Disney+ 1st Anniversary: Is Disney+ Winning the Streaming Wars?

When Disney+ launched on November 12, 2019, one year ago, it was seen by many as the start of the "streaming wars."

Of course, we have had multiple major streamers like Netflix, Amazon Prime Video and Hulu for years, but the difference with this new batch of streamers is that they were seen as the giant of entertainment getting into the streaming game, with Disney preceded by Apple TV+ (which launched November 1) and then followed by NBCUniversal's Peacock in April and WarnerMedia's HBO Max in May.

Plus, of course, Quibi, already the cautionary tale of the streaming market.

Though direct comparisons are difficult in a sector where the biggest players do not reveal a lot of data, Disney+ has definitely been one of the winners of the early battles of the streaming wars.

As of October 2020, Disney+ has 73 million global subscribers (as seen in the below chart from Statista), a milestone it took Netflix four years to hit, with Wired predicting that they will hit 100 million by 2025.

Disney plus subscriber numbers

HBO Max meanwhile has nearly 40 million subscribers (as of October per CNN) while Peacock had 15 million by September (per CNBC). Of course, it should be noted that HBO Max and Peacock are U.S.-only services compared to the worldwide Disney+, and that it has a six-month headstart, but even so, Disney+ has a greater reach than those two streaming rivals combined.

In part, Disney+'s higher numbers are due to the way the service has managed to grab headlines every month or so with a major release. While Netflix has settled into a 'throw hundreds of series at the wall and see what sticks' approach, with many shows getting canceled early and huge hits like The Crown and Stranger Things few and far between, Disney+ has managed to create something that streaming was supposed to have killed: genuine cultural events, that everyone watched together.

Chief among these was Hamilton, which Disney secured in a fierce bidding war and then released a year early. Though Disney likely took a financial hit on this compared to their plans to release the musical into cinemas in 2021, it provided worldwide coverage for the young streaming service.

In fact, this has been a pattern for Disney+ this year, which was the beneficiary of a number of big movies that would have surely made bigger money for the streamer had they been released in cinemas. These include Onward, the Pixar movie released early to Disney+ after cinemas shut due to the coronavirus, the upcoming Soul, skipping theaters to come to the streamer on December 25, and Mulan, with which Disney risked the ire of movie theaters across the world by bringing it to the service early as premium content, costing an additional $29.99 on top of the usual $6.99 a month. The service also released films like Frozen II and Star Wars Episode IX early onto the streamer, which surely boosted subscriber numbers in the early coronavirus lockdown period.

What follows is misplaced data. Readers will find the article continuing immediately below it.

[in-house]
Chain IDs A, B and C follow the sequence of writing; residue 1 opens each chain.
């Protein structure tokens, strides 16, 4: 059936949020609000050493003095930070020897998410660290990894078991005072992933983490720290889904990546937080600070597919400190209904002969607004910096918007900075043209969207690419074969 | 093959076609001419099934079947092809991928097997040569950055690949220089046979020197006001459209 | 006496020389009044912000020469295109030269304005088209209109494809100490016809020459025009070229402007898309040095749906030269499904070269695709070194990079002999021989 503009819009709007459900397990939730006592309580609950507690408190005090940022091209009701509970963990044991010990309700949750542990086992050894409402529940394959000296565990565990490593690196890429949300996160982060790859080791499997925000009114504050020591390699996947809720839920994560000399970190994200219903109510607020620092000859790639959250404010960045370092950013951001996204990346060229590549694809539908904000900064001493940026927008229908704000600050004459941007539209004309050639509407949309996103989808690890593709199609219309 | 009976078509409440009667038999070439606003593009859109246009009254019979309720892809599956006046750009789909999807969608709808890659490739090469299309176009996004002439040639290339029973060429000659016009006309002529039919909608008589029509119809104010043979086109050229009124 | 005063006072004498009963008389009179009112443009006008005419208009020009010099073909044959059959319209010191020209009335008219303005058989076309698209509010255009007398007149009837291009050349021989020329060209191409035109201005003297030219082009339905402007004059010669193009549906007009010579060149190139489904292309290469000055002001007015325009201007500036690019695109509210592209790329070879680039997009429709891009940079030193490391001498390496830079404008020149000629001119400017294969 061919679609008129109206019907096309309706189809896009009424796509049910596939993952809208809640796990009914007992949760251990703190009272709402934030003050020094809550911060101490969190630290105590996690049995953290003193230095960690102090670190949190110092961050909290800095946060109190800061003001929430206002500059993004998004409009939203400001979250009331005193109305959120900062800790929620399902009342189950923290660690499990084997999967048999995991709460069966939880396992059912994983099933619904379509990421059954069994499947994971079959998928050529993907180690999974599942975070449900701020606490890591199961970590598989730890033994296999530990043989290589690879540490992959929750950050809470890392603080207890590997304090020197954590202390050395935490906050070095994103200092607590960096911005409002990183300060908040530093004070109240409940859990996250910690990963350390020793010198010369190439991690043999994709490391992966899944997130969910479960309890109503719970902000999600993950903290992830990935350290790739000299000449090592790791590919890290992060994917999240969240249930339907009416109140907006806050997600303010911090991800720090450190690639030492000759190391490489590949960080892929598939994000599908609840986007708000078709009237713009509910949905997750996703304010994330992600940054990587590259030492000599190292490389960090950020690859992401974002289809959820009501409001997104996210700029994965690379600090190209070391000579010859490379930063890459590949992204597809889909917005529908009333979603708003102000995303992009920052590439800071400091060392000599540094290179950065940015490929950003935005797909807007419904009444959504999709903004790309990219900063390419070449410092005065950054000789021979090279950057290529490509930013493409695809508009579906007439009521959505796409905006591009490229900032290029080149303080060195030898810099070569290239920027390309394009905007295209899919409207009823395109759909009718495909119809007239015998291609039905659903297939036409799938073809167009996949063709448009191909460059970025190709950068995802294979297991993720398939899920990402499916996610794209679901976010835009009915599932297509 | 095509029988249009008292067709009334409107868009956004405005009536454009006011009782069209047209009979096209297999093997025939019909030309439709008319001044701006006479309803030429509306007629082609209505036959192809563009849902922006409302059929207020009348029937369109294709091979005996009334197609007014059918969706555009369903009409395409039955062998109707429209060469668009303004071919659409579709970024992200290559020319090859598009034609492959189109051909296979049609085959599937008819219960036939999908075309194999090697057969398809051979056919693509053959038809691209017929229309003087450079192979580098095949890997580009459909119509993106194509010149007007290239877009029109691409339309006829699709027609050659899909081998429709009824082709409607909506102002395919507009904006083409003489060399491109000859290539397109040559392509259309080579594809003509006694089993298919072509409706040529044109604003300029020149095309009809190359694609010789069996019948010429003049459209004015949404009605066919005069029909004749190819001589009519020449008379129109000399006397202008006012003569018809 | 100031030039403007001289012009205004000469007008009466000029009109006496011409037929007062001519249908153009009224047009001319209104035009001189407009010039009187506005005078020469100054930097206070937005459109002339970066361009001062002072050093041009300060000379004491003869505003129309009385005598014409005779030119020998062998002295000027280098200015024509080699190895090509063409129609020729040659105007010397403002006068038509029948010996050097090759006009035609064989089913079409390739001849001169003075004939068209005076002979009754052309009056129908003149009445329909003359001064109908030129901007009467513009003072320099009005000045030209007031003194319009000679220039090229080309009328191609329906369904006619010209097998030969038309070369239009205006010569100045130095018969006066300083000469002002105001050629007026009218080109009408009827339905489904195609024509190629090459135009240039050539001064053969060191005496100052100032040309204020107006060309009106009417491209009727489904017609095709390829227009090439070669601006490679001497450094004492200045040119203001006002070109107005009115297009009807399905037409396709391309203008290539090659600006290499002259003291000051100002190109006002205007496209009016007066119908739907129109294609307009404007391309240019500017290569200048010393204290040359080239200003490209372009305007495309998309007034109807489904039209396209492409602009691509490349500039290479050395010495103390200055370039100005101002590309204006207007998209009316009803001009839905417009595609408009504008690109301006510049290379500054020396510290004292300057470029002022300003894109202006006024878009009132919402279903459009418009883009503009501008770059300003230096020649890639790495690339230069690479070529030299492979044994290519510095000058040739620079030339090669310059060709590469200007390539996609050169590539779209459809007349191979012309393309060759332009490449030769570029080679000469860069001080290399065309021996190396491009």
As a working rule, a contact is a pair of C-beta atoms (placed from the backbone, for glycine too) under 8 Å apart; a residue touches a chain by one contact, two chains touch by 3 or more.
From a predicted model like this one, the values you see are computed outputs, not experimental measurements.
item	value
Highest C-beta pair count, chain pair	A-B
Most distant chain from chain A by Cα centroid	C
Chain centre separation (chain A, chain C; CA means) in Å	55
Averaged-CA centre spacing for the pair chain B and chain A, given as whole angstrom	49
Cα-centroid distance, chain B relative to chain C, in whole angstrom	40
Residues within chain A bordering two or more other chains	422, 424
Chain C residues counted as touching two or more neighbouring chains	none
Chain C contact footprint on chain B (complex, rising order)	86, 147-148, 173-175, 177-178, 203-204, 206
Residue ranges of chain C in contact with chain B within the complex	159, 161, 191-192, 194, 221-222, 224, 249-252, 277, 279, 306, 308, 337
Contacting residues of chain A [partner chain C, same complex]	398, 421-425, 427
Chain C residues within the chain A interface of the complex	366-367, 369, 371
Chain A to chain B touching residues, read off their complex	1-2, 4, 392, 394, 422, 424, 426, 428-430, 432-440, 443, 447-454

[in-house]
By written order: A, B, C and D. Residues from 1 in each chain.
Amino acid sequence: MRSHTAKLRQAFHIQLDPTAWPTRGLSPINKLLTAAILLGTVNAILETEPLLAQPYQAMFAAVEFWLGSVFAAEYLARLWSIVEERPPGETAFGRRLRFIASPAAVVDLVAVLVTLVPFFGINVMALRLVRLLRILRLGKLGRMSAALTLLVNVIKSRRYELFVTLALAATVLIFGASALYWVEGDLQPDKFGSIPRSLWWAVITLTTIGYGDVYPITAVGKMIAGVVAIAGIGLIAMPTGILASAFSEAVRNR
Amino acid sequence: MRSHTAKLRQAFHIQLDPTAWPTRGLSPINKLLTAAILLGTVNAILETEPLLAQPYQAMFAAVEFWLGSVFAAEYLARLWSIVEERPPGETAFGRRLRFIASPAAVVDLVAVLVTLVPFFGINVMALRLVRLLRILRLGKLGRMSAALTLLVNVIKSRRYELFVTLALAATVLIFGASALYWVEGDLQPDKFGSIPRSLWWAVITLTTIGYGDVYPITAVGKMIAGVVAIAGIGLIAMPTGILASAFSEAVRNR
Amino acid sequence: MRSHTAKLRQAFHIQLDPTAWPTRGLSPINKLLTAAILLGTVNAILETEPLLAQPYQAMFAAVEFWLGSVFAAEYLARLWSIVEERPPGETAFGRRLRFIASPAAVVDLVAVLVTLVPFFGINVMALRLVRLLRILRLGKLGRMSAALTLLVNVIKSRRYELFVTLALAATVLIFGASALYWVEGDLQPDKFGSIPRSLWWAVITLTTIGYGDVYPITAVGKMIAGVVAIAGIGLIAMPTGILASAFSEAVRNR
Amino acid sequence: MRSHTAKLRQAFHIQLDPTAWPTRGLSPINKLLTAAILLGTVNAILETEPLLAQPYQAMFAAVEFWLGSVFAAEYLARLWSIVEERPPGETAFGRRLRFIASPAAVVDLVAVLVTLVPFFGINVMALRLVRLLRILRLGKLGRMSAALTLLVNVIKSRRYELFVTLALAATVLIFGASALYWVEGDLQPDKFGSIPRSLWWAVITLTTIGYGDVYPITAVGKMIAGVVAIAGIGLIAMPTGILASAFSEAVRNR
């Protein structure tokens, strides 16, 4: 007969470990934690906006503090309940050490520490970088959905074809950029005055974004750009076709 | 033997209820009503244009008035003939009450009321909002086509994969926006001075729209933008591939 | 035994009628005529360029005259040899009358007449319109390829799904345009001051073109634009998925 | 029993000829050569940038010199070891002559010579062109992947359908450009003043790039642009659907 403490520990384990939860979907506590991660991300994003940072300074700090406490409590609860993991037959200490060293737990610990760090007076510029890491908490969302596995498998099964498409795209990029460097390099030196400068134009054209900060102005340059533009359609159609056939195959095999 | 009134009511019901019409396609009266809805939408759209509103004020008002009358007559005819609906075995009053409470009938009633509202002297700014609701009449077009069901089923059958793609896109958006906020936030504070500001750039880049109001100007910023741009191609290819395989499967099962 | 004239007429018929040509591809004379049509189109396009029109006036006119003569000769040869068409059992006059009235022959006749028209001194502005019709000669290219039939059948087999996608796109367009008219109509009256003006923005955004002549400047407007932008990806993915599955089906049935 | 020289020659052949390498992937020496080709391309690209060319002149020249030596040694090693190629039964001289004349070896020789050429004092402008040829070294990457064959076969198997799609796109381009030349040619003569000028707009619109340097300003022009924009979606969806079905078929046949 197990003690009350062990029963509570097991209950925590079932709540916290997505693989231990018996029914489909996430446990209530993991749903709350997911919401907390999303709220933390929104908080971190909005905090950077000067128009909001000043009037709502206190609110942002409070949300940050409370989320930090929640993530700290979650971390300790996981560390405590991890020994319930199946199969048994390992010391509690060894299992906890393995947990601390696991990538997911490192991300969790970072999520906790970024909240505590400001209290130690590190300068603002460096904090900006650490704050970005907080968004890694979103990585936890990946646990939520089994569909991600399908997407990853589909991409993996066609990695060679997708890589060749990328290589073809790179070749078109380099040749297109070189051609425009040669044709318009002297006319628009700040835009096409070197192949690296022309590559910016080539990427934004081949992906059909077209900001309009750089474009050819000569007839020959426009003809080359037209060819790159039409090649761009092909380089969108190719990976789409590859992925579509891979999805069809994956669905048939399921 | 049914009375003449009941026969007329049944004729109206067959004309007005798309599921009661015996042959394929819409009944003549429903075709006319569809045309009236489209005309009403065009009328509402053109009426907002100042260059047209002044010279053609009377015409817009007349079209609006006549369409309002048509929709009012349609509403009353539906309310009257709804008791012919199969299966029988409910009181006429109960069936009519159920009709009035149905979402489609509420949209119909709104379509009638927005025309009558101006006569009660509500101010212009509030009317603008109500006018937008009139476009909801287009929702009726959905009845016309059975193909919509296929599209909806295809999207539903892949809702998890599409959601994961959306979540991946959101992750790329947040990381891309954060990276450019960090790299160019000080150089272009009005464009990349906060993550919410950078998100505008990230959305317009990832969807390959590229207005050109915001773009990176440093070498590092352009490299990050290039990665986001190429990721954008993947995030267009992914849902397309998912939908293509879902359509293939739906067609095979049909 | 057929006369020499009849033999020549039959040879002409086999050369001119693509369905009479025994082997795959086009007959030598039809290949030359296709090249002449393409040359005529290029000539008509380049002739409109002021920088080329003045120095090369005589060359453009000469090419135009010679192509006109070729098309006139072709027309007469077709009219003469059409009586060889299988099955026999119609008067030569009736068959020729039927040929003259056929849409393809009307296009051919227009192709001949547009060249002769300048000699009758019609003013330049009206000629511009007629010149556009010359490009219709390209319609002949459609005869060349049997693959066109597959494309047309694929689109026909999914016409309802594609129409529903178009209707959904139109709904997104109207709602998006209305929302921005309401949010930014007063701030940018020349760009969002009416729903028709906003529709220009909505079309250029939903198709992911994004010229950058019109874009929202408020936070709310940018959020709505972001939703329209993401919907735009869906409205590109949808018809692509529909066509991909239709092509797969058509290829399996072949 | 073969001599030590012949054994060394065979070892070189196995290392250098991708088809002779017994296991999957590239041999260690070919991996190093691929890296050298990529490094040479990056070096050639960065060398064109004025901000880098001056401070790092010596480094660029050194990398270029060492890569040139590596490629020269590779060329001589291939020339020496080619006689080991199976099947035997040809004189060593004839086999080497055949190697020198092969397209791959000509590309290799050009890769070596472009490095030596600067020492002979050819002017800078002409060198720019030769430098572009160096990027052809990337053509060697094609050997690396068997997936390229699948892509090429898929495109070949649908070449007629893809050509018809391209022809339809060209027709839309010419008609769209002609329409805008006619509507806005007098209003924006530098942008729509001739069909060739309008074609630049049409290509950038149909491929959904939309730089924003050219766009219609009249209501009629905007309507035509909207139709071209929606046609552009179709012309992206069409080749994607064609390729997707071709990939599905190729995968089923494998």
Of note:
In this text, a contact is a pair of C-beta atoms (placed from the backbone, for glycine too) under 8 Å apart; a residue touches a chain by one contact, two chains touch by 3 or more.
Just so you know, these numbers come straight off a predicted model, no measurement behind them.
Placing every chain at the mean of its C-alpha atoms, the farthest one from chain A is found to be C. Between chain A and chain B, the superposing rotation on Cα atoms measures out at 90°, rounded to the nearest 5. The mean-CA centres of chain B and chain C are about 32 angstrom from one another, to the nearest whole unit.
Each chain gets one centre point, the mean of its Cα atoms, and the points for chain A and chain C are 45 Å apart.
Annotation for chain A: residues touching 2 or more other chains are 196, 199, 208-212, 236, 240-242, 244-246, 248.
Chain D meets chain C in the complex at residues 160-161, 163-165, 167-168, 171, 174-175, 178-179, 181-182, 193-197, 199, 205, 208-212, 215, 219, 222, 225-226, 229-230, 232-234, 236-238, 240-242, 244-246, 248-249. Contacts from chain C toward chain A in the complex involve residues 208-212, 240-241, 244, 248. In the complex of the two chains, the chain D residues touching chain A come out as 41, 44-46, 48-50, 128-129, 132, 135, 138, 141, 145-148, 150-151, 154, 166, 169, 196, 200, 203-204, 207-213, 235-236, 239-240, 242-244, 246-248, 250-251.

This, however, means that the first year of Disney+ is not a good predictor of how the service is doing—of course, the service is successful due to it being the only place to see these huge movies, and it remains to be seen what it means for the service when cinemas reopen and it starts to rely again on a lower tier of movies like its live-action Lady and the Tramp (released to celebrate the launch of Disney+) and fare like The Secret Society of Second-Born Royals which once upon a time may have headed straight to The Disney Channel.

disney plus 1st anniversary
Disney+ first launched on November 12, 2019 Getty

There is another way that the coronavirus stops us from getting a good picture of Disney +'s true success. The pandemic has caused most of the streamer's biggest upcoming projects to be delayed. Disney+ might lose future movies like Mulan to the cinemas, but it will soon have exclusive TV shows from the two biggest pieces of intellectual property (IP) in the entertainment industry, Marvel and Star Wars.

Among the upcoming shows that viewers can expect from Disney+ are new shows built around Loki (Tom Hiddleston) and Nick Fury (Samuel L. Jackson) from Marvel and Ewen McGregor's Obi-Wan Kenobi from the Star Wars prequels, which are sure to bolster subscriber numbers for years to come.

Disney's Marvel plans have already had a huge impact on the streaming landscape. Disney's decision to focus on TV shows featuring characters from the Marvel movies effectively led to the end of Marvel TV, bringing Netflix and Hulu's forays into Marvel shows like Daredevil and Inhumans to an ignominious end.

Disney's extensive use of its IP is likely to characterize the next set of battles of the streaming wars. When Warner, Disney and NBC entered the streaming race, they did it with the rights to hundreds of big-name properties, and if the first wave of streaming was all about new and original programming like Netflix's Orange is the New Black and Amazon's Transparent, the second wave will be all about remakes and reboots.